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  5. "¿No hay naranjas?"

"¿No hay naranjas?"

Translation:Aren't there any oranges?

May 18, 2018



Where the word "any" is coming in the translation of No hay naranjas?"


Just reported "There aren't oranges" because it should be accepted.


it's still not accepted as of 2/26/2021


"There aren't oranges?" should also be accepted.


Just thinking "Aren't there oranges?" is exactly the same as "Are there not oranges?" and that doesn't make sense. It would be better to say "Are there no oranges?" I made a mistake in my earlier post and I will also note it there.


"Are there not oranges?" is grammatically perfectly fine, but it sounds awkward. (It's of the same buildup as "There is not a single orange.") The awkwardness is migitated by contracting the negation and maybe adding "any": "Aren't there any oranges?"


Aren't always sounds awkward when expanded from the contraction, as does "isn't".

Isn't there anything else you want? (sounds good)

Is there not anything else you want? (sounds weird / overly formal)

Your example is bad. Aren't there any oranges is perfectly natural.


where did the word "any" come from? I'm with JFW17.


Aren't there oranges should work.


"There are no oranges?" is being rejected. Reported this on 12/30/2018.


"are there not oranges?" should be accepted as well


Sure, if you're Shakespeare. It is an extremely unnatural, if grammatical construction.

"Are there not oranges in thine pantry? Thither I shall go, that I may procure such"


Sorry, must most native english speakers would just simply ask ¨ Are there any oranges?¨ and be done with it.


To me that would be more like ¿Hay naranjas?. By putting the no here it makes it a different type of question. This way it's like the person asking the question assumes the answer is yes but is confirming. Like, "Aren't there any oranges, I just went shopping yesterday". I think what we're learning with this example is that by putting the no in front we can ask questions like we do in English. like the difference with "¿Tienes que ir a la escuela hoy?->Do you have to go to school today?" just kind of a straight up question vs. ¿"No tienes que ir a la escuela hoy?->Don't you have to go to school today??". The second version means I do know you have to go to school, I'm just wondering why you're still in bed.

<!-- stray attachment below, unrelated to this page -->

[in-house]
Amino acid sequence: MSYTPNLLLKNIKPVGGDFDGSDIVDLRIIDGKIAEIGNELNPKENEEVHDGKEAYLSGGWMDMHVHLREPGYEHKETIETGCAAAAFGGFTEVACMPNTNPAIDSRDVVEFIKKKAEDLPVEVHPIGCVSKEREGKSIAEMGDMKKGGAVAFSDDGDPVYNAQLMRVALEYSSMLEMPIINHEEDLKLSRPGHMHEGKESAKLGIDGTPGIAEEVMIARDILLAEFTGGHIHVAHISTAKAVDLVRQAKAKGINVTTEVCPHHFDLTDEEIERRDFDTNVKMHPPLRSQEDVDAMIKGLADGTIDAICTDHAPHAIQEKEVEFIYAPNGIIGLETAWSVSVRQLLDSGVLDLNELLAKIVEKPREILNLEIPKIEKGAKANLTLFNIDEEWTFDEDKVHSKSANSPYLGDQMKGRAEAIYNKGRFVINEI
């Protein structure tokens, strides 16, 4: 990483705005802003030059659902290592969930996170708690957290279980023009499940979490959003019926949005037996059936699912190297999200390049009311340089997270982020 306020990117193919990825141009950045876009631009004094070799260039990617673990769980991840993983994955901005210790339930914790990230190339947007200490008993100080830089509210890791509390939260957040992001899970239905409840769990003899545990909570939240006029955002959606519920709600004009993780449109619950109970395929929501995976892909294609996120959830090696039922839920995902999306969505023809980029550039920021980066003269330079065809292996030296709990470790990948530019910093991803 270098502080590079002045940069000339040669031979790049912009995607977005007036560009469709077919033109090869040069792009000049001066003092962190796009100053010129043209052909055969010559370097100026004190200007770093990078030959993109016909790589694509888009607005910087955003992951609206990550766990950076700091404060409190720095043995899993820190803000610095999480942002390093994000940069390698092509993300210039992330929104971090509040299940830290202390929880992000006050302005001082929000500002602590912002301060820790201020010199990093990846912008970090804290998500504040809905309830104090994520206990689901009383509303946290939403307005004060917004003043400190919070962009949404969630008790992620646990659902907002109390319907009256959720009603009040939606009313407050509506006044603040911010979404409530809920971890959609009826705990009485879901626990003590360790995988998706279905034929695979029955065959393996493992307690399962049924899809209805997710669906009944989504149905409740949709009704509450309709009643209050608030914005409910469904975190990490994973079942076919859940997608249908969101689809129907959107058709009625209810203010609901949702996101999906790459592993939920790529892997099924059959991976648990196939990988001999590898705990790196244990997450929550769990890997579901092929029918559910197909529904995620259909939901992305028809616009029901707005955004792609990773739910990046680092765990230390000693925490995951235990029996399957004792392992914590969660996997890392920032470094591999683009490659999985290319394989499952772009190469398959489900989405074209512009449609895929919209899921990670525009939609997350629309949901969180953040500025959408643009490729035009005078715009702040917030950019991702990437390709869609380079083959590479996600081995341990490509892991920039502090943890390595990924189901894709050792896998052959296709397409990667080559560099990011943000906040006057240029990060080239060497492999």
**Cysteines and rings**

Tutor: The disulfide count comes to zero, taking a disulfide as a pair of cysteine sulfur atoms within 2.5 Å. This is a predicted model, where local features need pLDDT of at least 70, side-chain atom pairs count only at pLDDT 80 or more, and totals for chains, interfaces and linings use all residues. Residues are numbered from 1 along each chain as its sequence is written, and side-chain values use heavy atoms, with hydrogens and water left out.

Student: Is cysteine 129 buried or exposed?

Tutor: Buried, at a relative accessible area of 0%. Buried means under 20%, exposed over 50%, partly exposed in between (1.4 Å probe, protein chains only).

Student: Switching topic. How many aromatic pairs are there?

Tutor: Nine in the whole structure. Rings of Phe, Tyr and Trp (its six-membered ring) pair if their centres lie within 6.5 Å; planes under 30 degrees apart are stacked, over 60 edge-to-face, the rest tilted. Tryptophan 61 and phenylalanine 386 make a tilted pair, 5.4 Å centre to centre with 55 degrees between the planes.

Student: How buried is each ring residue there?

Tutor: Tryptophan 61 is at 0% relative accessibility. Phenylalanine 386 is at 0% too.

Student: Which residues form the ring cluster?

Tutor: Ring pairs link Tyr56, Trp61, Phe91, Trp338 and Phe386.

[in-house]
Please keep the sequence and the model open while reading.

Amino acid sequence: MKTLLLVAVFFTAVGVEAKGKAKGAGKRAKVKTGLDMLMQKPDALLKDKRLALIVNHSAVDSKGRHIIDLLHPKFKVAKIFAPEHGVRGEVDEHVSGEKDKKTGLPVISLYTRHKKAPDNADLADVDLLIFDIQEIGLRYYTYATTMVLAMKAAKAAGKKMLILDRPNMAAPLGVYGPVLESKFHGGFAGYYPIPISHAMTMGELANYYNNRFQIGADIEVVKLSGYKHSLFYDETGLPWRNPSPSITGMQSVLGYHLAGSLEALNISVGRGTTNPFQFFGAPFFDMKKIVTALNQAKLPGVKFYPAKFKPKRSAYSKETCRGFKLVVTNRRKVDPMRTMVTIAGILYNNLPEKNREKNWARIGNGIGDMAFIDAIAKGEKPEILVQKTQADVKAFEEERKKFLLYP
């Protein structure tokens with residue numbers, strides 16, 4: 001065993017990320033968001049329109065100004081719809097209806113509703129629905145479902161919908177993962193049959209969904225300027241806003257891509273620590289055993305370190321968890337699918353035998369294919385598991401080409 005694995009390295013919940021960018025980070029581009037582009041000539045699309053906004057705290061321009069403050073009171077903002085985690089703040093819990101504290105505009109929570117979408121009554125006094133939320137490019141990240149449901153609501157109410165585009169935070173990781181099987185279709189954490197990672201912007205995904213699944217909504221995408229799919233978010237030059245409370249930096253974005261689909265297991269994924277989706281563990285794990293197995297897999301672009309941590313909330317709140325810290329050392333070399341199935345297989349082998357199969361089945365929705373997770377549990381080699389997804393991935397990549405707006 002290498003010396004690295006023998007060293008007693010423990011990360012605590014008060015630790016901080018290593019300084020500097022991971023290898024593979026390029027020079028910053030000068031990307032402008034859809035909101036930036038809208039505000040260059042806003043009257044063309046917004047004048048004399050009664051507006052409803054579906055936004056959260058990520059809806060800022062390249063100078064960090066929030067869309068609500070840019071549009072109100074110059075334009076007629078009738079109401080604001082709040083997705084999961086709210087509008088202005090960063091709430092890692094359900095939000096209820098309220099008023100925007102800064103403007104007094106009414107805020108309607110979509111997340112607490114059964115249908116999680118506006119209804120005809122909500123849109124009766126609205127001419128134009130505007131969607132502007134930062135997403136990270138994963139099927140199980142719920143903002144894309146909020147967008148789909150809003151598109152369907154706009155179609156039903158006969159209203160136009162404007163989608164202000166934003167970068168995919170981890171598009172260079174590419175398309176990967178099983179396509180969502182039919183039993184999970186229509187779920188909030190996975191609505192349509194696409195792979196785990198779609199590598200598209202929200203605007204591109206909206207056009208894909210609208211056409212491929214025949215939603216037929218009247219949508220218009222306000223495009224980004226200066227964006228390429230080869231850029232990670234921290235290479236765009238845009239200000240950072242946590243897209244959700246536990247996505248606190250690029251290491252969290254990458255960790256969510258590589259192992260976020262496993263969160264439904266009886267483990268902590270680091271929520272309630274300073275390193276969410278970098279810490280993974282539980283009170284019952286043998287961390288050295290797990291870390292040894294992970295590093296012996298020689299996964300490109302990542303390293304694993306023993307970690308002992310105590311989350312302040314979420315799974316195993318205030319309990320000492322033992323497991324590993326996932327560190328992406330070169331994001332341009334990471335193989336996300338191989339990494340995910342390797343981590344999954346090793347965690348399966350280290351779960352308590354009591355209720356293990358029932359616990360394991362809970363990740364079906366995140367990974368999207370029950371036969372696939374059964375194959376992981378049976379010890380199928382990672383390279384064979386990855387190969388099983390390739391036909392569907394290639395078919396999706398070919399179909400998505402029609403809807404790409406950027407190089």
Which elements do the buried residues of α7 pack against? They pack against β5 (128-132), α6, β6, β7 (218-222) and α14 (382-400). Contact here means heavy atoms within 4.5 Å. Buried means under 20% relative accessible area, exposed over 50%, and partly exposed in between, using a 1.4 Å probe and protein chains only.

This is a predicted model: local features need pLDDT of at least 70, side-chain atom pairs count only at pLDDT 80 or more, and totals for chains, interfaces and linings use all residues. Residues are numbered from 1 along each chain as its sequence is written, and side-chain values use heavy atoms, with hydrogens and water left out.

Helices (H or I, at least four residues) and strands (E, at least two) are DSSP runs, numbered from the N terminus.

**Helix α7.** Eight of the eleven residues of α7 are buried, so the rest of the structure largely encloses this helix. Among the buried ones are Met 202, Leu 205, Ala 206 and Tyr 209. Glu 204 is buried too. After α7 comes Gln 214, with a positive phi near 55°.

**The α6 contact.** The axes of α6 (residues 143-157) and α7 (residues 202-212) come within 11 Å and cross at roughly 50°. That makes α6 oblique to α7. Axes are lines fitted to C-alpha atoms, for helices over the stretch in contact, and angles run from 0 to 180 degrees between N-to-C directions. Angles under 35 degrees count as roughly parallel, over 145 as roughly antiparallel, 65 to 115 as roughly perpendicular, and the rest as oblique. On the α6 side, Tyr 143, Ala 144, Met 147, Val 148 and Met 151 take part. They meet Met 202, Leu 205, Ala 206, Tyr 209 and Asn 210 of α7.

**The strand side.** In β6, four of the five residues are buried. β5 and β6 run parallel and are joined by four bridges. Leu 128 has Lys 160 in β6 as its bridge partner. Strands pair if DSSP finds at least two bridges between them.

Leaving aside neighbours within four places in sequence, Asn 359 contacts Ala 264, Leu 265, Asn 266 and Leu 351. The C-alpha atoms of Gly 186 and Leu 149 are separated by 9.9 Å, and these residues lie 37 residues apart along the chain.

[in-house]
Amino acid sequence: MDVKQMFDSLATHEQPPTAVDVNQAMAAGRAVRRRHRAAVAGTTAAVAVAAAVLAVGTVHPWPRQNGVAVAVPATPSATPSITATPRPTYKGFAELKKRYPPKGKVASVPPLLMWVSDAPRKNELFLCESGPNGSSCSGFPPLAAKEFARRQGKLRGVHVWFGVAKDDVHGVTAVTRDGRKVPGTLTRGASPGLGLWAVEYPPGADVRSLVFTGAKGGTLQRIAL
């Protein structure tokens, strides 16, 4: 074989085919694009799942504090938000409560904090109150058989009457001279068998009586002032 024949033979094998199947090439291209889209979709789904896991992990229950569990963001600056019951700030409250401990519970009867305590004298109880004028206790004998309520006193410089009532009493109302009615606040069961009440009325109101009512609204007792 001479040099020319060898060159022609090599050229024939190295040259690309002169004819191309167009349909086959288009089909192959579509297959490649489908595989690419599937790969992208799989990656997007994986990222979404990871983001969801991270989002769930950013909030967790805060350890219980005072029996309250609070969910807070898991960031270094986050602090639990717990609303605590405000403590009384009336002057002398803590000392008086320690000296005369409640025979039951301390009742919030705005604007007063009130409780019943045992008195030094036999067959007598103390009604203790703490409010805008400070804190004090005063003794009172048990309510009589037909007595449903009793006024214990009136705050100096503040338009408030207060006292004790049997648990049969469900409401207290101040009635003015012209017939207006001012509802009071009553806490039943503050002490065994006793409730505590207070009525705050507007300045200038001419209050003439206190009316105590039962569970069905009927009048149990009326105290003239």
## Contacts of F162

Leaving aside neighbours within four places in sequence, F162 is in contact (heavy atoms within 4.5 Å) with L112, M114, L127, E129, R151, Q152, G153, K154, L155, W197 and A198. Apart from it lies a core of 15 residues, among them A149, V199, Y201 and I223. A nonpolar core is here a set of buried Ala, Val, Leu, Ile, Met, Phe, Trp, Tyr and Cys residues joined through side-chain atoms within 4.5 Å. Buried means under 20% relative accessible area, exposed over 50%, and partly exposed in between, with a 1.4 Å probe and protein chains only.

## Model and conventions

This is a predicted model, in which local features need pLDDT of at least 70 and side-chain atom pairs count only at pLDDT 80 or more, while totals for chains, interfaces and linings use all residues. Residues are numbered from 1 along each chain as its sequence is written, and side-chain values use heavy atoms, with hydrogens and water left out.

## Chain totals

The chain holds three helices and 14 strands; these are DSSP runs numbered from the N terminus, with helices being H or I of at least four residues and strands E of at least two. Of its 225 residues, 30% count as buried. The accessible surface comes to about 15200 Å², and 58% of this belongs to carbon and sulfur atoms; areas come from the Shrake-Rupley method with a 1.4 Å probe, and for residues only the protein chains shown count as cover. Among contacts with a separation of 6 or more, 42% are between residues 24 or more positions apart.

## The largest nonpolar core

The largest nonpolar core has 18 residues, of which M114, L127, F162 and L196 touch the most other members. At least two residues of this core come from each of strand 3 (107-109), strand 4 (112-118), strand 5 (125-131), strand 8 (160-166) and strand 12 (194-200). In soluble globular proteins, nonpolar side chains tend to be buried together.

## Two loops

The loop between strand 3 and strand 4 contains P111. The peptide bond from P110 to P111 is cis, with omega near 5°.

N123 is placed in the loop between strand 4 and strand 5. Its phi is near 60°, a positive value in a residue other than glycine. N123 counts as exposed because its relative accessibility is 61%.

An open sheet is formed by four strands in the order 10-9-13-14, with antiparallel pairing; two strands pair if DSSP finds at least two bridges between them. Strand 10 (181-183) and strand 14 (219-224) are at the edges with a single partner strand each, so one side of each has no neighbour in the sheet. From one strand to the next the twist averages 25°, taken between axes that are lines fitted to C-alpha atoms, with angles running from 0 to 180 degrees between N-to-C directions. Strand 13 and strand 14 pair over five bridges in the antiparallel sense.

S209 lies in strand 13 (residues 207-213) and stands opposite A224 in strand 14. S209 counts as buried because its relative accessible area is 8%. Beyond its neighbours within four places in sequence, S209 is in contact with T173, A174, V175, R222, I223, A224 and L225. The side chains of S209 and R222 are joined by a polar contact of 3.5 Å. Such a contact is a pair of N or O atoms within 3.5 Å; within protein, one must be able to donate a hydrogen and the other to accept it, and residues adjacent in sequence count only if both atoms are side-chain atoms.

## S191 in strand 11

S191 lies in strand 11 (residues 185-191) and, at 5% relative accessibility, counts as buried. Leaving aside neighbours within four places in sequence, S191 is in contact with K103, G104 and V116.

yeah.... "there aren't oranges" seems good to me. but I wish there were. me encantan las naranjas!


27 Feb 2021, Aren't there oranges was not accepted. I have been a native English speaker for 68 years. Aren't there oranges is perfectly correct and sounds just fine. Reported -- again!


Aren't there oranges? is what I would definitely say... and I'm pretty sure it's what everyone I know would say... I understand that it should be accepted with the "any" included, but it should also be accepted without. I'm really confused about why they think that all native English speakers would use "any" here... It should be accepted either way.


Agree. This 68-year-old native English speaker would say (and always has said) aren't there oranges. Duolingo is incorrect in marking that sentence wrong.


Why are'nt oranges is wrong?


I have no idea what you're trying to express with that. If you give us the complete sentence you've tried, we can certainly help you more.

But I can tell you one thing: the apostrophe has to go in a different place: "aren't". You're throwing out the 'o' in "are not", and the apostrophe has to replace that 'o'.


What is any in Spanish ?


Usually alguno or algo.


It may be grammatically correct but and english speaker would say are there any oranges


These sentences are completely without context, so I'm not sure why so many people can say what most English speakers would say. Let's say my wife sees me grabbing a bag of potato chips. She says, "Put those chips down, aren't there any oranges over there?". Also we could be at the store and I go walk over with a couple of grapefruit. "Why are you bringing those grapefruits, aren't there any oranges?" As a standalone sentence, yes this is awkward, but just take it for what it's trying to teach you, which is to use "no hay..." in similar cases where we would say "isn't/aren't there..."

If your kid is complaining about being hungry you could say "¿Hay comida en la nevera?" which to me seems like you really don't know the answer or you could say "¿No hay comida en la nevera?". Where you're like isn't there food in the fridge?? why are you sitting here complaining.


Whats wrong with a'rnt there any oranges


Aren't. But yes, that should be accepted.


Couldn't you Don't you have oranges?

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